Don't plan on seeing Scott Weiland any time soon. With his days in platinum supergroup Velvet Revolver behind him and no plans to record again with '90s sensation Stone Temple Pilots, Weiland is moving on as a solo artist—and on his own terms. He scheduled only a dozen or so solo shows this year and says he has no plans for a lengthy solo tour—this at a time when spending endless months on the road is more important to an artist's success than ever. While his unwillingness to bend to the demands of the music industry might earn him a few integrity points, it's not likely to keep him in the center spotlight for too much longer. And that's a shame, because Weiland makes one hell of a good rock star.
His weathered but boyish face, spiky hair, and designer suits have endeared him to a league of fashion junkies. His sonorous voice and captivating stage presence have helped him win over audiences from grunge kids to mainstream rock fans. And his appetite for self-destruction has been more compelling than a season of Intervention.
When we last left Weiland, he had just quit Velvet Revolver because of irreconcilable ego struggles with his bandmates and was playing reunion shows with Stone Temple Pilots, the band that made him a celebrity before his descent into drugs, jail, and the court system. After the STP dates, Weiland returned to his home studio with friend and producer Doug Green and No Doubt members Adrian Young, Tony Kanal, and Tom Dumont to finish up his second solo album, "Happy" in Galoshes.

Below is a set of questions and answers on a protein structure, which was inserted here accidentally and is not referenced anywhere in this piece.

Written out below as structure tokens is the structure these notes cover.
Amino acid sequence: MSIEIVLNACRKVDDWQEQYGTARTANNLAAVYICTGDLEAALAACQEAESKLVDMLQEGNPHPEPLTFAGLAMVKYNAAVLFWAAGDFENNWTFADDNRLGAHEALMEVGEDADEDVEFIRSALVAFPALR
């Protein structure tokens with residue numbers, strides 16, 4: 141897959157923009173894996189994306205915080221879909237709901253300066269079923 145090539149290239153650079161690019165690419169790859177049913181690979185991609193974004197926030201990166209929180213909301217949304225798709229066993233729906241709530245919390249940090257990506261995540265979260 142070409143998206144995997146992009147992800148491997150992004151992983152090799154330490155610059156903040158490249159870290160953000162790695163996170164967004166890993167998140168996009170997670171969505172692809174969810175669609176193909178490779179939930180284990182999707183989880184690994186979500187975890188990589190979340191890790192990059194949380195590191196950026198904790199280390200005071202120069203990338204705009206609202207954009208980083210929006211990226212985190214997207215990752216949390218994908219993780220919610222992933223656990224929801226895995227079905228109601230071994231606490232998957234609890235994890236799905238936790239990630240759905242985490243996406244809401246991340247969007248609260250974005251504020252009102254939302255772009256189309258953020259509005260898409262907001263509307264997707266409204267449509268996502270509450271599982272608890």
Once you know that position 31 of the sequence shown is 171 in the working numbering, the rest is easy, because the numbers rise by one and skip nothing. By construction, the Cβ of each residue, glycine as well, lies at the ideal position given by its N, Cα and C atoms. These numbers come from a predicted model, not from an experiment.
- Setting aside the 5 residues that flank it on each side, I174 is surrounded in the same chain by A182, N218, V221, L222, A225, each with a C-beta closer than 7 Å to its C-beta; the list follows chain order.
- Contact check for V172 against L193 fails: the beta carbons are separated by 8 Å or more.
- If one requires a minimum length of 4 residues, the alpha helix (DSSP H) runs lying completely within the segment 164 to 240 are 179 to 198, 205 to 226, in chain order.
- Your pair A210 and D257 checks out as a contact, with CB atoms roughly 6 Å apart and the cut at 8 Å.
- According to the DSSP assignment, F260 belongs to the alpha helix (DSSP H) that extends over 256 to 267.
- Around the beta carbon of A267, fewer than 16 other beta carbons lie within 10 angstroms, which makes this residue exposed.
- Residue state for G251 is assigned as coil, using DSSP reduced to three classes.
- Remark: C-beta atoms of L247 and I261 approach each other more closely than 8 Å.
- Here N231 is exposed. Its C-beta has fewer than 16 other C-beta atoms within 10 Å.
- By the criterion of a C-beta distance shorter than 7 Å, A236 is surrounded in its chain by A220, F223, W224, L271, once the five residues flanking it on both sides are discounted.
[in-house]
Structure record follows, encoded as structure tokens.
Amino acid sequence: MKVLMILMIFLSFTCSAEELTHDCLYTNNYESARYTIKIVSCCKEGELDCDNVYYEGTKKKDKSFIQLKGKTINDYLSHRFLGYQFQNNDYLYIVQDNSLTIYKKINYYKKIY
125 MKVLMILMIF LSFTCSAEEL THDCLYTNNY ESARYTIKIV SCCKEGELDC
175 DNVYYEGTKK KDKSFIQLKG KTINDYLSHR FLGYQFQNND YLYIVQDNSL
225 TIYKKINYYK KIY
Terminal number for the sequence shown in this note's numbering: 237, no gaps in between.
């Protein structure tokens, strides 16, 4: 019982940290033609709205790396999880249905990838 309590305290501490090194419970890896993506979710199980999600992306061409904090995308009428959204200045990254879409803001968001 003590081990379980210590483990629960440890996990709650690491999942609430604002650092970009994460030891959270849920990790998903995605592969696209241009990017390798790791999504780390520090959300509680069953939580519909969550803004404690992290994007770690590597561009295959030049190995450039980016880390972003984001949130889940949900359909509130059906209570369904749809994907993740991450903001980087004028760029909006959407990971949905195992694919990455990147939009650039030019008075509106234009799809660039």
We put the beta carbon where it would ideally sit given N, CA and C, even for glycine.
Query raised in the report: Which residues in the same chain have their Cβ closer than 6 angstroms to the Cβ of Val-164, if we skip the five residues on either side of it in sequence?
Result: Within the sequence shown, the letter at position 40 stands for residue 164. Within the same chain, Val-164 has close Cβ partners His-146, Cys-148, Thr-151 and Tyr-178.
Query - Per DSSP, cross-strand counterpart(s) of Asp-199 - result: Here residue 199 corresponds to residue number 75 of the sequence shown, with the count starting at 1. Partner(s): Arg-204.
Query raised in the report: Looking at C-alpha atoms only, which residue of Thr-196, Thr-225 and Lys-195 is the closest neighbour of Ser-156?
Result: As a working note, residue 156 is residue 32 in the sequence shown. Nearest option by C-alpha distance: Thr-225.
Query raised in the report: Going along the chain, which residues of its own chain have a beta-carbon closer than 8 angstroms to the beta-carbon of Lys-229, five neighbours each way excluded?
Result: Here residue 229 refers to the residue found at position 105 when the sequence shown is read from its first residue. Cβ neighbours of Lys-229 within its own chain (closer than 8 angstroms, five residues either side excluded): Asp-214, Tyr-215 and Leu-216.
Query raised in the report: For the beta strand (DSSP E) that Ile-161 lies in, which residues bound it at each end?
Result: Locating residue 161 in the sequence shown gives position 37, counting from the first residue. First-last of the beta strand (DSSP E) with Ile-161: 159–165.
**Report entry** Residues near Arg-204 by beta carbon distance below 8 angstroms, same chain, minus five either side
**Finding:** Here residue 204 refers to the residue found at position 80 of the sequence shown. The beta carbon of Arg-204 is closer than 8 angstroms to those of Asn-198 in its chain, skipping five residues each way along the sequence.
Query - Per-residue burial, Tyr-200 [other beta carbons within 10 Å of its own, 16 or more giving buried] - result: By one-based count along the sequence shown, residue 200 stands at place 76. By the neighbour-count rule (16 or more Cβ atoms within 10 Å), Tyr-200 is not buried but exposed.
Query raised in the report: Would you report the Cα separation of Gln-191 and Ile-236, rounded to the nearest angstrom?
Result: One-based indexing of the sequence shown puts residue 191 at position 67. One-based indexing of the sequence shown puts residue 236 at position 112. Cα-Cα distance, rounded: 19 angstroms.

The multihued effort bursts like a piñata filled with '70s glam, classy altrock, and psychedelic pop, revealing multiple references to David Bowie, The Beatles, Elvis Costello, Joe Jackson, The Doors, and Pink Floyd. Yet "Happy" in Galoshes is neither schizophrenic nor particularly derivative. And though it's surely melancholy, it belies the pain Weiland experienced during the year and a half in which it was written. In that time, Weiland's younger brother, Michael, died of a drug overdose, and his second wife, Mary Forsberg, left him and filed for divorce, leaving him less time to spend with his kids, Noah, 8, and Lucy, 6—who, he says, are the most important people in his life.
Now that Weiland seems determined to spend more time in his basement writing new songs about his sad life, and less on the road promoting them, we may be seeing less of him than ever—especially if he's as sober as he claims to be.
When we were first invited to talk to Weiland, we were prepared to settle into a lengthy discussion about his recent losses and triumphs, and the music he's created as a result of both. But Weiland is a notoriously hard guy to nail down. After blowing off the interview no fewer than six times, he finally rang us up in a limo on his way to the Los Angeles airport. As the vehicle twisted through the Hollywood Hills, Weiland spoke in a tone most people reserve for telemarketers. And when the rock star arrived at LAX, we were promised that we would finish the interview at a later date. Then the line went dead. Hey, Scott, we're still waiting.
INKED: When did you get your last tattoo?
SCOTT WEILAND: My last tattoo was of my wife. It was when we got back together after she filed for divorce for the last time.